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The #1 Leadership Competency That You Should Cultivate

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Stephen Mosel // cc by 2.0 //

Leaders have different styles and competencies that cause others to have trust in their vision and actions.

A common characteristic of leaders is the measure of how trustworthy or honest they are. In fact, The Leadership Challenge® authors Jim Kouzes and Barry Posner found over decades of research that the number one expectation people have of leaders is honesty.

I recently came across a very compelling Harvard Business Review article that caused me to rethink what honesty really means when we think of this important characteristic of leaders.

When I think of honesty and trustworthiness in regard to a leader's behavior, I usually think of "telling the truth;"  and whether they treat others well and engender collaboration.

The Harvard Business Review article  investigates the perspective of trustworthiness not as being honest,(telling the truth), but by vaulting trustworthiness into the realm of ethics and morality.

In other words, it isn't just whether a leader behaves truthfully that engenders your trust, it is also whether they are fair, ethical, honest and create feelings of safety.

Organizational scientist Sunnie Giles surveyed 195 leaders in 15 countries over 30 global organizations and reported that the most important leadership competency worldwide is: High ethical and moral standards.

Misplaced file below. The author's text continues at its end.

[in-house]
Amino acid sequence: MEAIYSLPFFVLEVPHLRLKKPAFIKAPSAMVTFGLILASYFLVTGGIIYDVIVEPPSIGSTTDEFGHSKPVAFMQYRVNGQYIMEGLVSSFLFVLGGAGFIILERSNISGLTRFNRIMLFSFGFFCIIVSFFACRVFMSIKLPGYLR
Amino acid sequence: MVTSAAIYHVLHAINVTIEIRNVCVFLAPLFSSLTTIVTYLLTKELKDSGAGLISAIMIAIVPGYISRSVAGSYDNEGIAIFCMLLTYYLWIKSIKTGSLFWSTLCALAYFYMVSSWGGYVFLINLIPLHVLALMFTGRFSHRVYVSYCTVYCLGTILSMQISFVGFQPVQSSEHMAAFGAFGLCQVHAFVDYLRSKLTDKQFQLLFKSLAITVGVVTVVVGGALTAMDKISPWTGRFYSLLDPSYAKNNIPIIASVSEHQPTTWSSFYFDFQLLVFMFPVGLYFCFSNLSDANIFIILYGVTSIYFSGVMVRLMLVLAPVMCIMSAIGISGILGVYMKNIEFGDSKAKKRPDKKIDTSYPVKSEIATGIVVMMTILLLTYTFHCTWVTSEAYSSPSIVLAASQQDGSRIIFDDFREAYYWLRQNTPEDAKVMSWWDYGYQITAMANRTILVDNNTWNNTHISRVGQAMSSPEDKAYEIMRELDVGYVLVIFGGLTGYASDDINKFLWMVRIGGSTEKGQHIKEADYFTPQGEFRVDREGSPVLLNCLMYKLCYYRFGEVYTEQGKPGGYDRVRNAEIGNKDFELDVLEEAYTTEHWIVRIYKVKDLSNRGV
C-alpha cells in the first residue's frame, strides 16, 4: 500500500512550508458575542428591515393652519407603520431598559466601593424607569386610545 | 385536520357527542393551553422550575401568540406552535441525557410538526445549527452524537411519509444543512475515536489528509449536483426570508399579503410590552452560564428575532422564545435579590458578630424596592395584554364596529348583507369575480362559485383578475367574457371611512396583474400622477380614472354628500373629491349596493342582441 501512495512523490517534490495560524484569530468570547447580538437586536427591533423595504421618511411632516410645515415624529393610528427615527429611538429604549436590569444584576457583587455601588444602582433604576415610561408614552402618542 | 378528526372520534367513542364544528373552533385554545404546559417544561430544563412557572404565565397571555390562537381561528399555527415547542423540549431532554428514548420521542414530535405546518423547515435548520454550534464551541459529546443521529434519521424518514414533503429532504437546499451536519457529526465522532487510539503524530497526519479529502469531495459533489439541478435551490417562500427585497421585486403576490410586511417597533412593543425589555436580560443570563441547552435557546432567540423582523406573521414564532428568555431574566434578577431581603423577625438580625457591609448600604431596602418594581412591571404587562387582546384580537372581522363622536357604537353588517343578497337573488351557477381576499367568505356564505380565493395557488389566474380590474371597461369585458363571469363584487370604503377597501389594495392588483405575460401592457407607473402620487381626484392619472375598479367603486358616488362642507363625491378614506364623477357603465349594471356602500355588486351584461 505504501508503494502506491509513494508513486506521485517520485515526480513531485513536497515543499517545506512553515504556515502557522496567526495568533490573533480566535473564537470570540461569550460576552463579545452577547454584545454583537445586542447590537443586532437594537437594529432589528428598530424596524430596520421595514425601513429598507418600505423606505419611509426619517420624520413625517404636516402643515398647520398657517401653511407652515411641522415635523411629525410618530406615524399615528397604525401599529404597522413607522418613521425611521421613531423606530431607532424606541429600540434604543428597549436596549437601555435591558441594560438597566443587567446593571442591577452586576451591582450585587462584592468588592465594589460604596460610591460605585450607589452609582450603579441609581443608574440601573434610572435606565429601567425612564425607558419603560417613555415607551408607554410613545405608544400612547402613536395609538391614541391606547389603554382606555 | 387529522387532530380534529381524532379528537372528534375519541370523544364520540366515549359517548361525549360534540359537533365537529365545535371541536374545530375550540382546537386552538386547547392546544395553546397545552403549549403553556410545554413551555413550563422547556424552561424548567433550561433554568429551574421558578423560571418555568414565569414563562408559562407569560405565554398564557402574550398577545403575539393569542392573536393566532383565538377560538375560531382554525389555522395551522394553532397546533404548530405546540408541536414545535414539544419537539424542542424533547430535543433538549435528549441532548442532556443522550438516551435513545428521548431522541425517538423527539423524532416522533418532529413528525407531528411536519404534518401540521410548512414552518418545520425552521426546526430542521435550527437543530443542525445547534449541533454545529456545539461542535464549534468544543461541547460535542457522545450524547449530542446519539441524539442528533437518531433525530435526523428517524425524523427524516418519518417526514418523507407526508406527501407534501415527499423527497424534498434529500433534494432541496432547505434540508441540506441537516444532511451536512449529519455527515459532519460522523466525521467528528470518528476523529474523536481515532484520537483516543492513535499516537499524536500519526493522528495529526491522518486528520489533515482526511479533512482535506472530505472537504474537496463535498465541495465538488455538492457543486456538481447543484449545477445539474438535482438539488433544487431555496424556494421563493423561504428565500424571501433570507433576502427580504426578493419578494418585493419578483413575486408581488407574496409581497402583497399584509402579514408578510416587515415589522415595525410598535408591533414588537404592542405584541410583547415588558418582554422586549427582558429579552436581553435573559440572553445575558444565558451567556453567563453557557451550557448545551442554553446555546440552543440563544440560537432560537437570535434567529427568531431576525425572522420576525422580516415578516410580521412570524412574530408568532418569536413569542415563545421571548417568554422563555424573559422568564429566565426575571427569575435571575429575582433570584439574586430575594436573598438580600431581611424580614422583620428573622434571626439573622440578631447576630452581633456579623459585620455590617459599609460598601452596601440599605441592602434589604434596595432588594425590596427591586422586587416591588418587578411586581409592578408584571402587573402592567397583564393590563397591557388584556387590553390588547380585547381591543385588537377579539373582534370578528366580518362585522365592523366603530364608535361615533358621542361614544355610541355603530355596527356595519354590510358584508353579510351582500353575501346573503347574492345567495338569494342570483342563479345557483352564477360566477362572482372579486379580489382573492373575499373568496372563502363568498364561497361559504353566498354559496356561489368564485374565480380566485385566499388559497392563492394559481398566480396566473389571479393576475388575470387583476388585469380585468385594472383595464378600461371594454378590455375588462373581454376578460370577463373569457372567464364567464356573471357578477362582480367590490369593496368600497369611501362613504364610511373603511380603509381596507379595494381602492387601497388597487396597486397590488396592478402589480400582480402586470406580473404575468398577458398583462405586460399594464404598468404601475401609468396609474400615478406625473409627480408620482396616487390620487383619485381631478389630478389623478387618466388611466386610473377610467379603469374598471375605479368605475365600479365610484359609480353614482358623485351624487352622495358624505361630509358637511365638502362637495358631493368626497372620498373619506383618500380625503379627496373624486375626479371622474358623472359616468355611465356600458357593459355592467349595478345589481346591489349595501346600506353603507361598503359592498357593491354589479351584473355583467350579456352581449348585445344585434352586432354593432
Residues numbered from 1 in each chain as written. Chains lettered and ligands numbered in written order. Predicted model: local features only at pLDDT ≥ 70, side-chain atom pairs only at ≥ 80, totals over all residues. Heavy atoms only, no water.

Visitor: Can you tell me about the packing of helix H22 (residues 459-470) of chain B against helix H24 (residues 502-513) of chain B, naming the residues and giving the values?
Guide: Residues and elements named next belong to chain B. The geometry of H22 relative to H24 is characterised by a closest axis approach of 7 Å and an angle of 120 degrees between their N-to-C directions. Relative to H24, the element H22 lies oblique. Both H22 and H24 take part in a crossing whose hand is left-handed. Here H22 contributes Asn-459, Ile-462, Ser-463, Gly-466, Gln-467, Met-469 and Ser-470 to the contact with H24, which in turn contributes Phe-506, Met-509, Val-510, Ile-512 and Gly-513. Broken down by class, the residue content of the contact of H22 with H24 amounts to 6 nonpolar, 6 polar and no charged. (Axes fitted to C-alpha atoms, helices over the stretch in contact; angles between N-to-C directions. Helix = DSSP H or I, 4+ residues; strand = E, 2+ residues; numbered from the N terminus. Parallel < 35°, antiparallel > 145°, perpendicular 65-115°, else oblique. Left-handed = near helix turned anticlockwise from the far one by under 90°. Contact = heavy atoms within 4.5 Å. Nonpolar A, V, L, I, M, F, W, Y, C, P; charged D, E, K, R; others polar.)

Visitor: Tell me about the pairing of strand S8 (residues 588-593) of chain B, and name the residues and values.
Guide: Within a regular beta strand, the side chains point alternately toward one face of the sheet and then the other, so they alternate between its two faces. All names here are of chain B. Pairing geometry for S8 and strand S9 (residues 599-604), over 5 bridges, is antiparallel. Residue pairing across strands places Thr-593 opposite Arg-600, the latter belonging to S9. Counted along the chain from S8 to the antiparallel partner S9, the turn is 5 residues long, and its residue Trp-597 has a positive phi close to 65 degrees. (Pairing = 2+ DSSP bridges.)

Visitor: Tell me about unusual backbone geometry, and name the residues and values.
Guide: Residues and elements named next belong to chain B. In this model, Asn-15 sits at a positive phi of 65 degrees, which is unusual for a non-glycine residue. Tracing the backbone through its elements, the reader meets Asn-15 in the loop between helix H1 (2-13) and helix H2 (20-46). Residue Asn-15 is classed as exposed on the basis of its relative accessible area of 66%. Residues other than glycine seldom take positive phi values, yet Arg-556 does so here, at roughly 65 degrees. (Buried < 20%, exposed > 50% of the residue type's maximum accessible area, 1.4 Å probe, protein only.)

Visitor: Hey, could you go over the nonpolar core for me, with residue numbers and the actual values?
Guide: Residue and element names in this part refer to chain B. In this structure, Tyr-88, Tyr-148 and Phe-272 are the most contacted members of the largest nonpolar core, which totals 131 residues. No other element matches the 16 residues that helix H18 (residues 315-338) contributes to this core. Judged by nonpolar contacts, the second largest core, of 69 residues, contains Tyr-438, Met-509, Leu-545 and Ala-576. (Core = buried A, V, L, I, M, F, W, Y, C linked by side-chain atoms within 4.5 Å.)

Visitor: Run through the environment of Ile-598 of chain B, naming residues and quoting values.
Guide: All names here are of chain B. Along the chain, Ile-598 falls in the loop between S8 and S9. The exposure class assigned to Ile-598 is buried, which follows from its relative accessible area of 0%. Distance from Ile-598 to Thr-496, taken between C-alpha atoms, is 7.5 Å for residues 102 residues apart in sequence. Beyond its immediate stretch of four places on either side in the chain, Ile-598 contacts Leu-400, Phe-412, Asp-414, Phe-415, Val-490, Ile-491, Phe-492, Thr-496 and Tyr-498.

The author emphasized that the top competencies of the top leaders were strong ethics, and the creation of a safe and trusting environment by clearly communicating their expectations:

"A leader with high ethical standards conveys a commitment to fairness, instilling confidence that both they and their employees will honor the rules of the game," Giles writes. "Similarly, when leaders clearly communicate their expectations, they avoid blindsiding people and ensure that everyone is on the same page. In a safe environment employees can relax, invoking the brain’s higher capacity for social engagement, innovation, creativity, and ambition."

Here are her findings: 

 

Do you equate honesty with truthfulness, or with ethics and morality? Do they mean the same to you? Let us know in the comments below.


Download the First Chapter of Kouzes and Posner's "Learning Leadership"

Lauren Parkhill

Lauren Parkhill is FlashPoint’s brand engagement strategist. She curates web, email, and social content to help organizations develop their leaders and teams.

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